British police say they have opened an investigation into a leak of confidential memos that led to the resignation of the UK's ambassador to Washington.
Kim Darroch quit on Wednesday after Donald Trump called him "stupid" and "wacky" following the publication of the confidential memos by a newspaper. In them, Darroch called Trump's administration inept.
London's Metropolitan Police said on Friday its counter-terrorism command, which takes national responsibility for investigating allegations of criminal breaches of the Official Secrets Act, was leading the investigation.
"Given the widely reported consequences of that leak I am satisfied that there has been damage caused to UK international relations, and there would be clear public interest in bringing the person or people responsible to justice," Met Assistant Commissioner Neil Basu said in a statement.
"I would say to the person or people who did this, the impact of what you have done is obvious. However, you are now also responsible for diverting busy detectives from undertaking their core mission. You can stop this now. Turn yourself in at the earliest opportunity, explain yourself and face the consequences."
It comes as Boris Johnson, front runner to be Britain's next prime minister, denied he was responsible for the resignation of Darroch but admitted his comments had been a factor in the shock departure of one of the country's most senior diplomats.
The former London mayor has been heavily criticised by MPs in his own party and the opposition for failing to defend Darroch after Trump attacked the envoy for leaked remarks describing the US administration as inept.
Darroch resigned after days of scathing criticism from the US president on Twitter. A diplomatic source told Reuters that the lack of support from Johnson during a televised debate with his rival for the premiership, foreign minister Jeremy Hunt, had also been a factor.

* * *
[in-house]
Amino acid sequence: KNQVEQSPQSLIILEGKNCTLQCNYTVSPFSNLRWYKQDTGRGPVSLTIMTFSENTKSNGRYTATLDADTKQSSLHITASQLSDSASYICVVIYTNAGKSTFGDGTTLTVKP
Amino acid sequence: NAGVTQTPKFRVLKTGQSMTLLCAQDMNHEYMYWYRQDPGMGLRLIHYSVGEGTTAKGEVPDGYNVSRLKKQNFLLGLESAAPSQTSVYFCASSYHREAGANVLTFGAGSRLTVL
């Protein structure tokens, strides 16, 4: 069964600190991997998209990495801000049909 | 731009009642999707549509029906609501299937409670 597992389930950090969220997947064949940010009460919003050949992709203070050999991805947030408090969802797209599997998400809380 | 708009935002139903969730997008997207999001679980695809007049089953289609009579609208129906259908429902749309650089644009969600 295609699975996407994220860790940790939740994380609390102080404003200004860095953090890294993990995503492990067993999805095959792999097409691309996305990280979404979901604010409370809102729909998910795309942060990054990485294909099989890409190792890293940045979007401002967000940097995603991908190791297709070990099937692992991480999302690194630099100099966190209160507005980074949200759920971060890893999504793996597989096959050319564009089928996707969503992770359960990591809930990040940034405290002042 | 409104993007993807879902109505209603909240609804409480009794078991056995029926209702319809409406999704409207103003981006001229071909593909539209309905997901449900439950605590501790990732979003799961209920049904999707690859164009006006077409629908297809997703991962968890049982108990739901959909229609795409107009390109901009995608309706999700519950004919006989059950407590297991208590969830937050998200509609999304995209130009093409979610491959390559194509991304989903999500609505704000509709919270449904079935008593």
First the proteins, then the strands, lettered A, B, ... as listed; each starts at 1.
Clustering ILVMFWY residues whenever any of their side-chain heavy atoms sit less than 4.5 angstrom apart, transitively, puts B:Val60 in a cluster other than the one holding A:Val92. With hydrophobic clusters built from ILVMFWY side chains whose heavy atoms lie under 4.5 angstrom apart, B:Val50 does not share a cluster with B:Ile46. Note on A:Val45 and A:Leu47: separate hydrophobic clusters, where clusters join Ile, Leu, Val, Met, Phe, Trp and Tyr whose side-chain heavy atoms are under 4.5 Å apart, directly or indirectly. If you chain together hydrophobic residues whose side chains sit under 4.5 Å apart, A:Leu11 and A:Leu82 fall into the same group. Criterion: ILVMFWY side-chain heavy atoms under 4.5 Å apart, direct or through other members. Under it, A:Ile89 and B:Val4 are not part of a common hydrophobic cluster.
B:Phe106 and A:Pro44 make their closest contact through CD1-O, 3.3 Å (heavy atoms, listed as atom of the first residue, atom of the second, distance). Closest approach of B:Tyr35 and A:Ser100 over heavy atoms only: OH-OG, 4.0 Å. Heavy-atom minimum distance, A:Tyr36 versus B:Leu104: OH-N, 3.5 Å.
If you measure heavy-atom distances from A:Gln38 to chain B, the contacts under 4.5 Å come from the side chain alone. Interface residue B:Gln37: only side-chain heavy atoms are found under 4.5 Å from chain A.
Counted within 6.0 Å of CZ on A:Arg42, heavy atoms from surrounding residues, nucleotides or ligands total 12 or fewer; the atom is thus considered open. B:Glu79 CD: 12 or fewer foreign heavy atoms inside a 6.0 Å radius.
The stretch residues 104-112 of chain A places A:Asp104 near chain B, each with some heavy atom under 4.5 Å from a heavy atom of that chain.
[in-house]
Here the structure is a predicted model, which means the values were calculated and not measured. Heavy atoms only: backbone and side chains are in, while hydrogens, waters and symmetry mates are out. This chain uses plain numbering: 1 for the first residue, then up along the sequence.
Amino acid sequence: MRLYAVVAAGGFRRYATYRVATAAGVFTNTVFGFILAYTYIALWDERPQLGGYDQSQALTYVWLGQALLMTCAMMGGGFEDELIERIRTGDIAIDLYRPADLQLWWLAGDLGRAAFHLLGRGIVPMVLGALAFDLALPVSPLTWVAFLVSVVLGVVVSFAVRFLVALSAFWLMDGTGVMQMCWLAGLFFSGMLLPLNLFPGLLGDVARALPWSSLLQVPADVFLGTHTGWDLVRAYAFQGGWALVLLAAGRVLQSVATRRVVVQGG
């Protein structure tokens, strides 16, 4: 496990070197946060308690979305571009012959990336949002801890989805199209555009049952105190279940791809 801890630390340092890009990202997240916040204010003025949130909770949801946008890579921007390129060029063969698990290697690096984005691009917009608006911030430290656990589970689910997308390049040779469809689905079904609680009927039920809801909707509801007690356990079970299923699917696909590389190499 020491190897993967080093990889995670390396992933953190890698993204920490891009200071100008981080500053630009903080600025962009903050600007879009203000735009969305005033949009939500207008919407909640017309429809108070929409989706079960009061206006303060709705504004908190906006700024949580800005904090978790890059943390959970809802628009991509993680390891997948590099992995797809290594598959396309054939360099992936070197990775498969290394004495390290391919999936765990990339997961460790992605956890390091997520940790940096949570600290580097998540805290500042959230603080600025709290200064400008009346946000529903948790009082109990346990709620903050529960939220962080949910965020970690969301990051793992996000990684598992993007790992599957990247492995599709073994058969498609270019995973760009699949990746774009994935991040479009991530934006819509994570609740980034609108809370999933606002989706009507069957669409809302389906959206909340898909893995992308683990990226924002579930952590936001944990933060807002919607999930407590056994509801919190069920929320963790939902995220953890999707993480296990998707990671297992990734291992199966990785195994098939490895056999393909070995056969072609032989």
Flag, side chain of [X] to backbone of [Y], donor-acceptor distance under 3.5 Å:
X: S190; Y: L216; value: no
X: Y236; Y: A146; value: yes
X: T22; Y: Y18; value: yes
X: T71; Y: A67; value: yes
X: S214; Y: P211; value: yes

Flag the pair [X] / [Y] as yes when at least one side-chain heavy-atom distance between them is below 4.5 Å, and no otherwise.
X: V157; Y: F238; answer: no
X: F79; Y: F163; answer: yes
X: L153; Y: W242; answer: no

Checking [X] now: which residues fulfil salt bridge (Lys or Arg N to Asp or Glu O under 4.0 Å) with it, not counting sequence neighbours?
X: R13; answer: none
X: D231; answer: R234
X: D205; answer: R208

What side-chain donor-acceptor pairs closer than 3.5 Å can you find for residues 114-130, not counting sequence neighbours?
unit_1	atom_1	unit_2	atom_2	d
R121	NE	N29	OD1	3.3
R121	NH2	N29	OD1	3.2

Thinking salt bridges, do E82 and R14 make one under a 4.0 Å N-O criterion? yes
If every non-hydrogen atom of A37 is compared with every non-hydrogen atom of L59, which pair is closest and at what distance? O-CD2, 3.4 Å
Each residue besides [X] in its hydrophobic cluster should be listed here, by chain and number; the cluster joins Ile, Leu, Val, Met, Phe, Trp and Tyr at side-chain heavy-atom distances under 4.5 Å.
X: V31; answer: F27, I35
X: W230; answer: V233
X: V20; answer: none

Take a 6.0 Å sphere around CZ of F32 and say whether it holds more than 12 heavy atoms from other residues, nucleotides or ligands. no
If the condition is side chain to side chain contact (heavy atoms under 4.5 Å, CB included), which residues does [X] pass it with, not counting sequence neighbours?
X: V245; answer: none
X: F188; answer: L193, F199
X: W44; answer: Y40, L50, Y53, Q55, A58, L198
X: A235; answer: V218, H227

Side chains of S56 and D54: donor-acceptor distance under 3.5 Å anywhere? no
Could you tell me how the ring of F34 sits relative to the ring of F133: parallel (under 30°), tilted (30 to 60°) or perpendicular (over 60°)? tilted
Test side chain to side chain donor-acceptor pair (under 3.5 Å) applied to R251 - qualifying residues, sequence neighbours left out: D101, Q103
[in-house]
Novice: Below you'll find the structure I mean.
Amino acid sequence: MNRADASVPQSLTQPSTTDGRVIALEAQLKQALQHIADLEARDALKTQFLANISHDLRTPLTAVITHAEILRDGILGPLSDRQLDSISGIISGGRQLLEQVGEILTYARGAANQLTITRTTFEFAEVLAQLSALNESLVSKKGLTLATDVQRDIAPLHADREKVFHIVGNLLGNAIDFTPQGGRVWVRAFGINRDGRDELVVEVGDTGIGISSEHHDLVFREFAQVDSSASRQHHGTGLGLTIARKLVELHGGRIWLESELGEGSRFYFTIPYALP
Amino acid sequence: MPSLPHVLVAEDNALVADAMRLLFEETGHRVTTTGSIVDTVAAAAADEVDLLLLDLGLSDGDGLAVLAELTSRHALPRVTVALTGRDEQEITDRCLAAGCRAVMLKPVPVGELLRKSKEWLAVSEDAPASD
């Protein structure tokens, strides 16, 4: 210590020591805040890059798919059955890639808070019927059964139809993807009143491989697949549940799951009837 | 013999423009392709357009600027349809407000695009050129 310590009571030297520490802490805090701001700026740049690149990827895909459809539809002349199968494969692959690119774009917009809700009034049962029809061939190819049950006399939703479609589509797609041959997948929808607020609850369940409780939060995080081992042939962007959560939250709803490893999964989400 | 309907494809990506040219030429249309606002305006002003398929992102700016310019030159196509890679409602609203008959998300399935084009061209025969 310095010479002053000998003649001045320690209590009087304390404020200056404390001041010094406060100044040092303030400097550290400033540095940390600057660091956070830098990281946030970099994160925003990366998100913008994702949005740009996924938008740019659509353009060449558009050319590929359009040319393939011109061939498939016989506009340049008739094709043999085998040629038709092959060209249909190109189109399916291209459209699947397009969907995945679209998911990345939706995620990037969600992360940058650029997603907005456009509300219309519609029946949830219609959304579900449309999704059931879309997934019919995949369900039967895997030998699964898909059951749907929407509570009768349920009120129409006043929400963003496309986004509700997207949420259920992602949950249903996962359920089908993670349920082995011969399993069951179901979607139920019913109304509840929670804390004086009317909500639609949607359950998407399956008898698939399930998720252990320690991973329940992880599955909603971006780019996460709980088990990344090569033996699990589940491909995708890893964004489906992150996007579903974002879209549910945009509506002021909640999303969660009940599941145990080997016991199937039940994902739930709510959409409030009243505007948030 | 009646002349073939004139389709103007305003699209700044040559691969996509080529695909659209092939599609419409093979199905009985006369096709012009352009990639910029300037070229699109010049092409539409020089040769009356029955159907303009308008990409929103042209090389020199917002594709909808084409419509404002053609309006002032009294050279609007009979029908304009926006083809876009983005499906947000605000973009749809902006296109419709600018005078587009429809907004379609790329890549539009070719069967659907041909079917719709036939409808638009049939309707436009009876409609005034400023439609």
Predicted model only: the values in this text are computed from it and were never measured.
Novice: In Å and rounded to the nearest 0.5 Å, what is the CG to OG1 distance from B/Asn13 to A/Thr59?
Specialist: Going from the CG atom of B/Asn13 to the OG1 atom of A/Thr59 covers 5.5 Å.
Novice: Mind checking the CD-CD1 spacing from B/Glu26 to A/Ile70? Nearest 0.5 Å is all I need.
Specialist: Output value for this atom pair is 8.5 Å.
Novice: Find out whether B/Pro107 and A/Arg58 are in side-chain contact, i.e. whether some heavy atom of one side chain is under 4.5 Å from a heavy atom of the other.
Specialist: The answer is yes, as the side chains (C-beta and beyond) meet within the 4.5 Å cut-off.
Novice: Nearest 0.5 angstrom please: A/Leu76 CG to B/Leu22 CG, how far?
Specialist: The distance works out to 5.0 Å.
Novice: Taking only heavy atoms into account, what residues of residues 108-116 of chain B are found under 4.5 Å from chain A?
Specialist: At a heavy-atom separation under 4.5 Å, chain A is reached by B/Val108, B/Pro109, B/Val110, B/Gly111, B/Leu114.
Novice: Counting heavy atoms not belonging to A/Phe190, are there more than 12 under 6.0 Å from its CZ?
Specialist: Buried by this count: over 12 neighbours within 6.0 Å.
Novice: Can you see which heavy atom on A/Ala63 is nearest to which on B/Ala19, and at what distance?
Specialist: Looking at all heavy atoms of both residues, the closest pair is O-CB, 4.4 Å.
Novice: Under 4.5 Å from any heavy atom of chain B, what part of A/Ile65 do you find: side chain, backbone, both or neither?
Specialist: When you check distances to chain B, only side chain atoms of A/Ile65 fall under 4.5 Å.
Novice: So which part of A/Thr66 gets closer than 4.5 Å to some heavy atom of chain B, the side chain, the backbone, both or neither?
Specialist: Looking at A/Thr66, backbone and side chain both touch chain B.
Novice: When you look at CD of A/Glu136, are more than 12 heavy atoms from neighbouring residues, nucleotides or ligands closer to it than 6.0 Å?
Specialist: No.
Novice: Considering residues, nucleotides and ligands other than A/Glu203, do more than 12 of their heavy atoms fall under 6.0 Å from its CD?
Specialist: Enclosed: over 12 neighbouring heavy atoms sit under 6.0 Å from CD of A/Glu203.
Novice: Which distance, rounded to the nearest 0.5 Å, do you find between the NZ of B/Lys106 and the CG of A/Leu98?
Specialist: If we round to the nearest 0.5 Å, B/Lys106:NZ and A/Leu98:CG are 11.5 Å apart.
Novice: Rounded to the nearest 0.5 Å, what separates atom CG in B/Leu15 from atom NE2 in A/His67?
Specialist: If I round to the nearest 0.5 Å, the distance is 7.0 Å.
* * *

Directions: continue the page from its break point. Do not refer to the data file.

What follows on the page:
Johnson said Darroch had not watched the debate but had heard an inaccurate account of what was said. He said he had not defended the ambassador more because he did not think civil servants should be dragged into political disputes.
"(Darroch) said that what somebody had relayed to him had certainly been a factor in his resignation," he told BBC television in a testy interview. "I think unfortunately what I said on that TV debate was misrepresented to Kim."
Johnson pointedly refused to back Darroch during the televised debate on Tuesday, leading to accusations from fellow Conservative Party MPs that he had thrown the ambassador "under the bus" in order to bolster his own ties with Trump.
At one point he also goaded Hunt, asking how long he would keep Darroch in place after vowing to retain him.
Asked in Friday's interview if he would be "as craven" a prime minister as he has been a candidate, Johnson said: "We have been very forthright with the United States of America and I will continue to be forthright."
Johnson and Hunt are locked in a battle to succeed Theresa May, who resigned as prime minister after failing three times to get parliamentary approval for a withdrawal deal for Britain's exit from the European Union.
The new prime minister will be named on July 23 and take office the following day.